Phal Vanda Aer Angrm Catts
    Join Date
    May 2005
    Location
    Arkansas
    Posts
    1,422

    Default

    Wow! That is an amazing change -- and so quickly after pollination. Thanks for the interesting info and pictures to boot!

  7. #7
    LJA's Avatar
    LJA
    LJA is offline OrchidTalk Tech Admin
    Real Name
    Louis J. Aszod
    My Grow Area
    Greenhouse
    Favorite Orchid(s)
    Cattleya
    Join Date
    Feb 2003
    Gender
    Male
    Location
    Clarksville, Arkansas
    Posts
    3,778
    Member's Country Flag

    Default

    Hey--you're all welcome! I like doing posts like this when I have the time to put something together--glad you enjoyed it. I'll update here as things progress (or don't).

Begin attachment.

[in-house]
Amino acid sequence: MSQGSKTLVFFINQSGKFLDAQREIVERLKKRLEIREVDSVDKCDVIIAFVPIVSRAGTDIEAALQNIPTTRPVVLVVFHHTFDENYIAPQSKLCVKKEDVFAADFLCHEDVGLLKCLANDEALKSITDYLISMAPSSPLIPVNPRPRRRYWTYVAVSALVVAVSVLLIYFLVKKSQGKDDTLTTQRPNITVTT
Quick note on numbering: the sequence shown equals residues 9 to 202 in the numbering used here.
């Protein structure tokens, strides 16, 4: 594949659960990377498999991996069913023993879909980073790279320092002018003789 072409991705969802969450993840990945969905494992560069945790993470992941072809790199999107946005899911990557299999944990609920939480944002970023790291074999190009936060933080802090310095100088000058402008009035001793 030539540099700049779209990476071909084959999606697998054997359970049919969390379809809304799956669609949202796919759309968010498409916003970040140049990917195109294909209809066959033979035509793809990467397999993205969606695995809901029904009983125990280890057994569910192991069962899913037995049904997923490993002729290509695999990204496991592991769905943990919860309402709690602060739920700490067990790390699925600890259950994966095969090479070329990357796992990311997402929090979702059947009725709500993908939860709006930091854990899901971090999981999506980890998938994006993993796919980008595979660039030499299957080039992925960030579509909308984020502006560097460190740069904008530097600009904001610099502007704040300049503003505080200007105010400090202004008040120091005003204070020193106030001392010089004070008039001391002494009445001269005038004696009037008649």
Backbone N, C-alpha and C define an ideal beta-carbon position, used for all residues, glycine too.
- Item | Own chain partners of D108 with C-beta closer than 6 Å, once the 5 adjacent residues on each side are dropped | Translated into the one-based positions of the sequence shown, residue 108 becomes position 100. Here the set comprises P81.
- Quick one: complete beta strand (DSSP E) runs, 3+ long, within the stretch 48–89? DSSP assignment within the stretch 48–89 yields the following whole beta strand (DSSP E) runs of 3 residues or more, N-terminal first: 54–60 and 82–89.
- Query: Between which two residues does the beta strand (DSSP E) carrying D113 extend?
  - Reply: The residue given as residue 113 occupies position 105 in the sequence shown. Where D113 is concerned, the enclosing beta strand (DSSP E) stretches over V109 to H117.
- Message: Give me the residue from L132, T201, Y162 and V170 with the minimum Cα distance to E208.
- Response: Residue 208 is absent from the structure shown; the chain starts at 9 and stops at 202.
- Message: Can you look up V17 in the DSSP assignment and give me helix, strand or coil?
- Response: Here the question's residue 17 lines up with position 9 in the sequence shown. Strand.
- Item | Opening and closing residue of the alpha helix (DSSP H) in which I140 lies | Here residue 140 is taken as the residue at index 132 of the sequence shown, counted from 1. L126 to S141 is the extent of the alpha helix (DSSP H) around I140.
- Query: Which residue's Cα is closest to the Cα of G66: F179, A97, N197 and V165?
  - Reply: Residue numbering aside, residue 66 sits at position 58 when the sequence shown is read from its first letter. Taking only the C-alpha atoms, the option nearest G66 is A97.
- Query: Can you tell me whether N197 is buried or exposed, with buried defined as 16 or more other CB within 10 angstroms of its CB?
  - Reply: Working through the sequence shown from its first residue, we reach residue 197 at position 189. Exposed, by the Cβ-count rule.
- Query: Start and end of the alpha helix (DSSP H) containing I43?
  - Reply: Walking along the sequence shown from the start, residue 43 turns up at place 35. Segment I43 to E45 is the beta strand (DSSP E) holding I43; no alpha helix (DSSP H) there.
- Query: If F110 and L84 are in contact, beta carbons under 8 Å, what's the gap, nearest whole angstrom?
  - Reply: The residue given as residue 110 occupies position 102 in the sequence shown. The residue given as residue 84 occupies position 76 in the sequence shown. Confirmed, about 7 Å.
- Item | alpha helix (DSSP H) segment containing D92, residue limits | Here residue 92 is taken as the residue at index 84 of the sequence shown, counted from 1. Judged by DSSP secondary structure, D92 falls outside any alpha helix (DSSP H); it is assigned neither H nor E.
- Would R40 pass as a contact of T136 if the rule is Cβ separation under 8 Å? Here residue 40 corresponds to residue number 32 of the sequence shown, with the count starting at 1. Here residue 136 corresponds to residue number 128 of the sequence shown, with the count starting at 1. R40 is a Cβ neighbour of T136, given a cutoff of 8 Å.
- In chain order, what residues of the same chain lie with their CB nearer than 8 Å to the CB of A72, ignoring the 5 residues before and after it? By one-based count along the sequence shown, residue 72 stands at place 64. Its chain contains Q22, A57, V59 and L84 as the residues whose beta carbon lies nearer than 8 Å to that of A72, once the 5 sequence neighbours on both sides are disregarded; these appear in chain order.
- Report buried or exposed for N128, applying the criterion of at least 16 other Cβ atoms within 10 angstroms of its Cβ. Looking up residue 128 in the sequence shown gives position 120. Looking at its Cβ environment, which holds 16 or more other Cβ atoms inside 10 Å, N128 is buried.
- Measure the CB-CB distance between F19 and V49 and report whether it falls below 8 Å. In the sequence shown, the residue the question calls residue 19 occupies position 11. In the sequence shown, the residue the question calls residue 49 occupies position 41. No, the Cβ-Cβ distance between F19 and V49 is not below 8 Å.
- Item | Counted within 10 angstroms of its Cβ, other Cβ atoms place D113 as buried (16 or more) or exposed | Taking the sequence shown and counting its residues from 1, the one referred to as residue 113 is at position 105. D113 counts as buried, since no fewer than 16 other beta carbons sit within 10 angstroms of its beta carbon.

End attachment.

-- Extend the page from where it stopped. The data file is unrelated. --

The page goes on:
8. #8
    bench72's Avatar
    bench72 is offline Moderator
    Real Name
    Tim
    My Grow Area
    Porch/Patio.
    Favorite Orchid(s)
    Paphiopedilums
    Join Date
    Jan 2005
    Location
    Sydney, Australia
    Posts
    5,480
    Member's Country Flag

    Default

    This is kewl! It's like an orchid drama mini series and well you know how I love those... fingers crossed that the love between Cleo and keithii 'blossoms'..

  9. #9
    Piper's Avatar
    Piper is offline Hangs
    Join Date
    Dec 2004
    Location
    Massachusetts
    Posts
    7,068

    Default

    Orchid sex!

    Porn, porn, porn!

    Julie

    PS - Nice one, Louis - thanks!

  10. #10
    shalene is offline Senior Member
    Join Date
    Mar 2005
    Location
    missouri
    Posts
    148

    Default